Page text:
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nevermind

[nev-er-mahynd, nev-er-mahynd] /ˌnɛv ərˈmaɪnd, ˈnɛv ərˌmaɪnd/
noun, Older Use.
1.
attention; heed; notice (usually used in negative constructions):
Pay him no nevermind.
2.
business; affair; responsibility (usually used in negative constructions):
It's no nevermind of yours.
Origin
1930-1935
1930-35; noun use of verb phrase never mind
Dictionary.com Unabridged
Based on the Random House Dictionary, © Random House, Inc. 2014.
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Examples for nevermind
  • nevermind they were shorting equities when it happened.
  • nevermind that you clearly don't understand the difference between a single roll of a die and its mean roll.
  • They store everything important to them there, nevermind that they should not.
  • nevermind the fact that planned parenthood provides low cost birth control.
  • nevermind that the scientists who study those issues have been trained for many, many years on the details and evidence.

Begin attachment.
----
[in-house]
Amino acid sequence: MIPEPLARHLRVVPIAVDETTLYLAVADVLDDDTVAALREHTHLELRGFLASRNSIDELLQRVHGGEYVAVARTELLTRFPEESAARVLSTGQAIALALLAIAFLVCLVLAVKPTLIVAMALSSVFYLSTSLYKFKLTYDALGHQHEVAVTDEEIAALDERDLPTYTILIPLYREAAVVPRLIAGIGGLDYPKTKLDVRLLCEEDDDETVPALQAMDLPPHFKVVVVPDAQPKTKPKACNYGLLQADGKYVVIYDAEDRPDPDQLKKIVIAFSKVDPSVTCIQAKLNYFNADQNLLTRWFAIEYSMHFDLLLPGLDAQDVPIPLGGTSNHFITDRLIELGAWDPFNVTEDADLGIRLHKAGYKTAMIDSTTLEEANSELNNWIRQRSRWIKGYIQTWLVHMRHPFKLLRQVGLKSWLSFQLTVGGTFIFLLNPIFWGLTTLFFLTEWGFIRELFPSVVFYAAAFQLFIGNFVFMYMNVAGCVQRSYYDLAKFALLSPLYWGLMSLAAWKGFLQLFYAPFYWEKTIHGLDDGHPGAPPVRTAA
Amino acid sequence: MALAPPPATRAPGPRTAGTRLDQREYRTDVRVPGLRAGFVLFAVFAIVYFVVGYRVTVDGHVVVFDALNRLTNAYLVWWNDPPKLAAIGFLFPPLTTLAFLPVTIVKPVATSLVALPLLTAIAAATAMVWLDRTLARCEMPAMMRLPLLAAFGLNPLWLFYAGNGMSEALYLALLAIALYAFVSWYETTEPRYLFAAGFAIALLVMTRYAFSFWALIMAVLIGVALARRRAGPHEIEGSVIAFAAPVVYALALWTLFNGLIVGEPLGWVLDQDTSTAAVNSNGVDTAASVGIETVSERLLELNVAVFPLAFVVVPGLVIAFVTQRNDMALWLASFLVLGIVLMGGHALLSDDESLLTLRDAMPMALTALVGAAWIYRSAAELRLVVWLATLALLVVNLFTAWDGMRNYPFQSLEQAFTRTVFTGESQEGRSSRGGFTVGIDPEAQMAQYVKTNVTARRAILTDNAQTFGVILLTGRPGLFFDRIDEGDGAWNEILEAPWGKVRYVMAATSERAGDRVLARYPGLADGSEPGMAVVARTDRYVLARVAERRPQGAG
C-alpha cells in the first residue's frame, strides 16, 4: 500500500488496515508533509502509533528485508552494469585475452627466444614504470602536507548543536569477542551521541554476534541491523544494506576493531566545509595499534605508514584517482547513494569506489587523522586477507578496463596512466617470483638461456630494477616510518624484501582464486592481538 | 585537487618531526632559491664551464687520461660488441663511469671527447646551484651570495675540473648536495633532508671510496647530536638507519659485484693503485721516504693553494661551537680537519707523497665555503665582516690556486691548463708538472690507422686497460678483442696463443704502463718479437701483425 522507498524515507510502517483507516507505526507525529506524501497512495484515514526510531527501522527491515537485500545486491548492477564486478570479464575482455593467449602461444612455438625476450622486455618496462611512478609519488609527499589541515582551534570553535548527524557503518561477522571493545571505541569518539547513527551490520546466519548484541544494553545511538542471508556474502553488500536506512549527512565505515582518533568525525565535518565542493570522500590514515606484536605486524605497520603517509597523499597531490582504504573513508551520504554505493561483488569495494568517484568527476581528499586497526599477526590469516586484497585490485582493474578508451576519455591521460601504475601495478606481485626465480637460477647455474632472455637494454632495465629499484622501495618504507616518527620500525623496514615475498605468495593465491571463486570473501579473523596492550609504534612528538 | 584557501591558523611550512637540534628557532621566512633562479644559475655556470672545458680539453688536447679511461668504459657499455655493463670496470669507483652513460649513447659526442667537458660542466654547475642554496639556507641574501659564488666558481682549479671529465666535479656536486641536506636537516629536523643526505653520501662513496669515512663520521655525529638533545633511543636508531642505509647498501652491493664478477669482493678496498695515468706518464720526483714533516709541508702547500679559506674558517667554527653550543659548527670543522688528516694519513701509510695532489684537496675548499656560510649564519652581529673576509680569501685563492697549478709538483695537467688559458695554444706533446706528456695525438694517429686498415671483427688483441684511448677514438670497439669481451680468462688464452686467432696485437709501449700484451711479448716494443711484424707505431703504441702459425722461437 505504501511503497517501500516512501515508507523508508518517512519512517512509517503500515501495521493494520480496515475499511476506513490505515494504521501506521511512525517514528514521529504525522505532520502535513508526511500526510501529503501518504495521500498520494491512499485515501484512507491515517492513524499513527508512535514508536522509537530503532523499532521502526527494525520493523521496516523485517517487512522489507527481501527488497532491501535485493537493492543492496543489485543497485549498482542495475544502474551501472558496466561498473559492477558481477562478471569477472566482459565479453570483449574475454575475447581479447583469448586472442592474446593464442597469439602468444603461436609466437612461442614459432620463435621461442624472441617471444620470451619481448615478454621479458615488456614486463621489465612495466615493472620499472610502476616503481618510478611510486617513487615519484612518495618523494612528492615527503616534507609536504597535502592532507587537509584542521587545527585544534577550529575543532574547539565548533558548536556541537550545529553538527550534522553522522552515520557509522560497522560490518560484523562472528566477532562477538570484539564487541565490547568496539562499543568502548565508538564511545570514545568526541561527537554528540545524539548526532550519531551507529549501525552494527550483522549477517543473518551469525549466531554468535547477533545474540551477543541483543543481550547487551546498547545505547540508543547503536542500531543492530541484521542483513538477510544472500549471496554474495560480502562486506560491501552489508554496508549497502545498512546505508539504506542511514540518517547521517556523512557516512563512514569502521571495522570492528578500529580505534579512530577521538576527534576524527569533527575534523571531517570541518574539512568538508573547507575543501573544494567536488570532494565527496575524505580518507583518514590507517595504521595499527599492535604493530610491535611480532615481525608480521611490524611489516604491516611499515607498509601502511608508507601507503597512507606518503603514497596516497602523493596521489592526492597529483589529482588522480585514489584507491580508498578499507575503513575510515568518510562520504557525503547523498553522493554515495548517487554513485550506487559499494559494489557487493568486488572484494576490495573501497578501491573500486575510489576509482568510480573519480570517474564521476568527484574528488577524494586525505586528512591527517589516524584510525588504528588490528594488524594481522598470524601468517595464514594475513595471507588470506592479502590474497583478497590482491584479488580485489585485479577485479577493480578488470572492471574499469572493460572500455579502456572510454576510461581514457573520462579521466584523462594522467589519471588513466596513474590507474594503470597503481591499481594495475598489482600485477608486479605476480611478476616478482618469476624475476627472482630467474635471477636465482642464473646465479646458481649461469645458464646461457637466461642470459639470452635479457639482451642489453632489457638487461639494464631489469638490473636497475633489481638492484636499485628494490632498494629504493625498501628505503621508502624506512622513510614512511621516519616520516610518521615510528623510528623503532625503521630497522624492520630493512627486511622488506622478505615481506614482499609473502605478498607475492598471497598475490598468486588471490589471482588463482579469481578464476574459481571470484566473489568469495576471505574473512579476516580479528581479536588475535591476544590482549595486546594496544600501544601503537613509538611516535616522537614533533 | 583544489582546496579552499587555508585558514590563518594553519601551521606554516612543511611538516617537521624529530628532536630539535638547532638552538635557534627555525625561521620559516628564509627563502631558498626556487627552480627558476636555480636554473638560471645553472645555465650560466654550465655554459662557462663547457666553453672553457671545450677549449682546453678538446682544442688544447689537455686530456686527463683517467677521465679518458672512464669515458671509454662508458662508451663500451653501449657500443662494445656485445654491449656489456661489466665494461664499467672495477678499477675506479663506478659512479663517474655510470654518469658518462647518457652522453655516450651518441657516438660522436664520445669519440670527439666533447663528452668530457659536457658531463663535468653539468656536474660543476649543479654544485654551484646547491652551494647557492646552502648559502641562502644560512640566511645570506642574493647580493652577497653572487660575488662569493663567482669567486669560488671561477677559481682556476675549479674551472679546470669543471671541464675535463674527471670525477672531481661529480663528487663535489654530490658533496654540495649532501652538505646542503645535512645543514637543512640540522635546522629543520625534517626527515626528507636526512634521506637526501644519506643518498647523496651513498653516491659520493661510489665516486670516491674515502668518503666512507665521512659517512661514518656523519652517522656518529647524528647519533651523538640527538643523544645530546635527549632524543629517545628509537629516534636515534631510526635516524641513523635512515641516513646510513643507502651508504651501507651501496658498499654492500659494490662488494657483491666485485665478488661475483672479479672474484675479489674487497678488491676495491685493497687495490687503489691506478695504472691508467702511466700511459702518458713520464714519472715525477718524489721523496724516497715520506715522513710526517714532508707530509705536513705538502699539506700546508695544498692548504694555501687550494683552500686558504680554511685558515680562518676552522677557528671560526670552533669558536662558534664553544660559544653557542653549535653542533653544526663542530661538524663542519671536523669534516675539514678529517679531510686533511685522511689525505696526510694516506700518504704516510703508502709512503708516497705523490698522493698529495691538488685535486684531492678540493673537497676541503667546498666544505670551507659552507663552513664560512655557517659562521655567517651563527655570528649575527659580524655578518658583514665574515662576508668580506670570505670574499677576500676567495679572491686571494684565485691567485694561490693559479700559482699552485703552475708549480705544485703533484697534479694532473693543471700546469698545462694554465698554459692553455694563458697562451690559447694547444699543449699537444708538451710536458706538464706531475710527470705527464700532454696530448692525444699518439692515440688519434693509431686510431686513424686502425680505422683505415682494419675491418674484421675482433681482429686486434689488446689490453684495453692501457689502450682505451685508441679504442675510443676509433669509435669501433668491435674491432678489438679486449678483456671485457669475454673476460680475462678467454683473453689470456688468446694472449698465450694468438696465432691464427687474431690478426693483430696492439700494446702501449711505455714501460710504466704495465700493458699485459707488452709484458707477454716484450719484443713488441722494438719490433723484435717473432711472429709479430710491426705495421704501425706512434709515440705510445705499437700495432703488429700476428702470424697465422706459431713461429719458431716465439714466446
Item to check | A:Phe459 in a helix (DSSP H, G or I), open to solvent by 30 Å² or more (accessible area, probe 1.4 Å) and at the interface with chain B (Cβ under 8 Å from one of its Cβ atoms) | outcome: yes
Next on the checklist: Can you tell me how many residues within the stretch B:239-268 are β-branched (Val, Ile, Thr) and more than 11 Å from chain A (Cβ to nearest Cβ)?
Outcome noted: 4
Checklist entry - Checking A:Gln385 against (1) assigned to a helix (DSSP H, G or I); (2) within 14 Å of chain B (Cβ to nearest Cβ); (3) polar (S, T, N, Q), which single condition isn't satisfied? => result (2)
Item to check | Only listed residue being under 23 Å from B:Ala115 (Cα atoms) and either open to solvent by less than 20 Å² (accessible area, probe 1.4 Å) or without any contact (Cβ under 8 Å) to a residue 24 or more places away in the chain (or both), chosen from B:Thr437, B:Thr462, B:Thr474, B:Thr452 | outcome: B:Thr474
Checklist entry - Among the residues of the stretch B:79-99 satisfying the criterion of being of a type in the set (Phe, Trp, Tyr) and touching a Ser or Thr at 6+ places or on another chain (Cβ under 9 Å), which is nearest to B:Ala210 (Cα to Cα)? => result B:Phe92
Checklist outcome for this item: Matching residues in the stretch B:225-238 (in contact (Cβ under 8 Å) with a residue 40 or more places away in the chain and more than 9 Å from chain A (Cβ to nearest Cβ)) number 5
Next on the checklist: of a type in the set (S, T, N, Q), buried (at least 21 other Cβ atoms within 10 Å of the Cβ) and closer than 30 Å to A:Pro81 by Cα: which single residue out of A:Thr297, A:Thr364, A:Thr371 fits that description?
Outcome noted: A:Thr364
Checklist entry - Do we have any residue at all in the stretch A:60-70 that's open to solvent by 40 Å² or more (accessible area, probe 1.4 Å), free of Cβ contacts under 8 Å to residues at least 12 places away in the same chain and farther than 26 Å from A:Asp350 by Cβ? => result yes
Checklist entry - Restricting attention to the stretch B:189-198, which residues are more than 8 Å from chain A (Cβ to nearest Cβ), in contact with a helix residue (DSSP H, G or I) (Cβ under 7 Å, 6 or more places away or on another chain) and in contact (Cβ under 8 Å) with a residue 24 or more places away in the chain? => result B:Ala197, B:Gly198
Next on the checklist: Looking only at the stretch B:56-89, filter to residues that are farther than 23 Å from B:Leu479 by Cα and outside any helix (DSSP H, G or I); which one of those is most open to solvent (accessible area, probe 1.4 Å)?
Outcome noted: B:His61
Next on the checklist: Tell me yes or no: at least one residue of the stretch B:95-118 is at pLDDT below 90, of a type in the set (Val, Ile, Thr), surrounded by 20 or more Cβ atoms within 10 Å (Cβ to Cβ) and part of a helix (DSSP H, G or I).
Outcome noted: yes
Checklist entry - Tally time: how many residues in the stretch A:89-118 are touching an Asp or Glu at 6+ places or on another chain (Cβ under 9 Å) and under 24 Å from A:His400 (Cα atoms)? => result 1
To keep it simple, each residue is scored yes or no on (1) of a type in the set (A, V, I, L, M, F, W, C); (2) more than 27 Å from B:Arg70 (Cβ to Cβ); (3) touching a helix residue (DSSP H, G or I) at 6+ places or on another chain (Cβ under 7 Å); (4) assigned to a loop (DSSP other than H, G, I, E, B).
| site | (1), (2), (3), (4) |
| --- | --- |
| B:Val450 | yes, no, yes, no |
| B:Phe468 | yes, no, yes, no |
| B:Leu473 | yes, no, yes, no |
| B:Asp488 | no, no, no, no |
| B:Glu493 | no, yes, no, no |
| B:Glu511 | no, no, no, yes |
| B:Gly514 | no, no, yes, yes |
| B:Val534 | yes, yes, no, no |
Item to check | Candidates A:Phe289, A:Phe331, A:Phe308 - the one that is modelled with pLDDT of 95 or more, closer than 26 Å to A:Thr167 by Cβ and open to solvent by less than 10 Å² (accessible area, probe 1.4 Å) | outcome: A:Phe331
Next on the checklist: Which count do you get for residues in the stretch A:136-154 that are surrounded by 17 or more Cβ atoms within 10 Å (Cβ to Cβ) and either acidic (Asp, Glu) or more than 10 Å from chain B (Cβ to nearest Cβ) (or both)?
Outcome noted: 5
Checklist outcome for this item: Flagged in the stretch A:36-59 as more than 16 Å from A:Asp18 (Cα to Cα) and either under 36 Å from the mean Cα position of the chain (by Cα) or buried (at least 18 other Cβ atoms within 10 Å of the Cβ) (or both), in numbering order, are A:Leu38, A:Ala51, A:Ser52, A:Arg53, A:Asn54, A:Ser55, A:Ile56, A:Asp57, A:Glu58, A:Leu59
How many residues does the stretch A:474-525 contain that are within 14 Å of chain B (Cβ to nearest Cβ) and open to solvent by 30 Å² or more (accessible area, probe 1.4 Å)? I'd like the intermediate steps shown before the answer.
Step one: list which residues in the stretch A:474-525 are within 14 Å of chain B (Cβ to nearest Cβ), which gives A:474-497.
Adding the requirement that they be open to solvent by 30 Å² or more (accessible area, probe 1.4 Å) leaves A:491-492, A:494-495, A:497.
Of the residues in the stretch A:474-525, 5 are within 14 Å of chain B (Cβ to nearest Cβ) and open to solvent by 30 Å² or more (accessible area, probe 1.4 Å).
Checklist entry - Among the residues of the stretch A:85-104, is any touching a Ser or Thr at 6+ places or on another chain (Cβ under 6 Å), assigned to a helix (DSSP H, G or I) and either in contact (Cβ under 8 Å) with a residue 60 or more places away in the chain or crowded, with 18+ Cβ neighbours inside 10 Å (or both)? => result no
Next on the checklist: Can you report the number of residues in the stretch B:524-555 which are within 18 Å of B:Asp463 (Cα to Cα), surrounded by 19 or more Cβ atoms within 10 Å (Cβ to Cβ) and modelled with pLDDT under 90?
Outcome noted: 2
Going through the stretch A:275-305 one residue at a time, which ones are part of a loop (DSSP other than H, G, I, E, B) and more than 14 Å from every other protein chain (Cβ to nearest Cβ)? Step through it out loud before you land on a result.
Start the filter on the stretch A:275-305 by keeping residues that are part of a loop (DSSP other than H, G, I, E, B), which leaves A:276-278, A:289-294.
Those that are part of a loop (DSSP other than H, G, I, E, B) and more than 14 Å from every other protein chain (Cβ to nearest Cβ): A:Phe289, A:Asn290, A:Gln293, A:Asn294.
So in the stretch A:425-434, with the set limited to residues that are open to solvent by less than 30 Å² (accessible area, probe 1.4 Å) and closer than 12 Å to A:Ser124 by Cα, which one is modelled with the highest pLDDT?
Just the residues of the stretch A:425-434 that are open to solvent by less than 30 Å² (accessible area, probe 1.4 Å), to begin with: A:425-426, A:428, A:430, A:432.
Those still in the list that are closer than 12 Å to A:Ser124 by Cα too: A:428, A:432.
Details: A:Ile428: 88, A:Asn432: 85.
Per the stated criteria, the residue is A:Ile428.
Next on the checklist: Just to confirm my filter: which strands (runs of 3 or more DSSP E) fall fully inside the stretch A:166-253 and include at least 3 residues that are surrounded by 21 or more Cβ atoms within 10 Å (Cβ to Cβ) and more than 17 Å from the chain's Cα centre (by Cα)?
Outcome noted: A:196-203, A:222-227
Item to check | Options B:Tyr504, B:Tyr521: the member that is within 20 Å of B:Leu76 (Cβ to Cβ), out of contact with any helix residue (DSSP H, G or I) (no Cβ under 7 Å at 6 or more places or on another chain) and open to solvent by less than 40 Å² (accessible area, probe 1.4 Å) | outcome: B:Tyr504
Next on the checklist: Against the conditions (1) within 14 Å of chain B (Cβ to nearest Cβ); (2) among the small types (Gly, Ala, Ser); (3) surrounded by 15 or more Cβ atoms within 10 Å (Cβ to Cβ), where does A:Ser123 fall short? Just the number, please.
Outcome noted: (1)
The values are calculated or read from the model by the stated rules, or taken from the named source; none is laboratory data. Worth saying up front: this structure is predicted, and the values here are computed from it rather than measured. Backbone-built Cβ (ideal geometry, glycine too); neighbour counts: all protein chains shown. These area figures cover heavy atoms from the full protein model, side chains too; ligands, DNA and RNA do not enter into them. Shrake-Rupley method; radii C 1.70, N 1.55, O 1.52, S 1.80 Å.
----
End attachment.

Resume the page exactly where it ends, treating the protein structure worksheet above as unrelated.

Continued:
• nevermind the hundreds of thousands of satisfied customers.
  • nevermind that the giant trees were still there, along with the same architecture.
  • nevermind that every day science takes another step towards explained previously unexplained phenomenon.
  • nevermind the guy that came in second because he's far too white to balance the politics of this city.
  • Whatever beliefs or philosophies shape your values or guide your personal conduct are of no nevermind to us.
Word Origin and History for nevermind
n.

also never-mind "difference, matter for attention," 1935, American English, from verbal expression never mind "forget it," originally never mind it attested by 1795; see never + mind (v.).

Online Etymology Dictionary, © 2010 Douglas Harper
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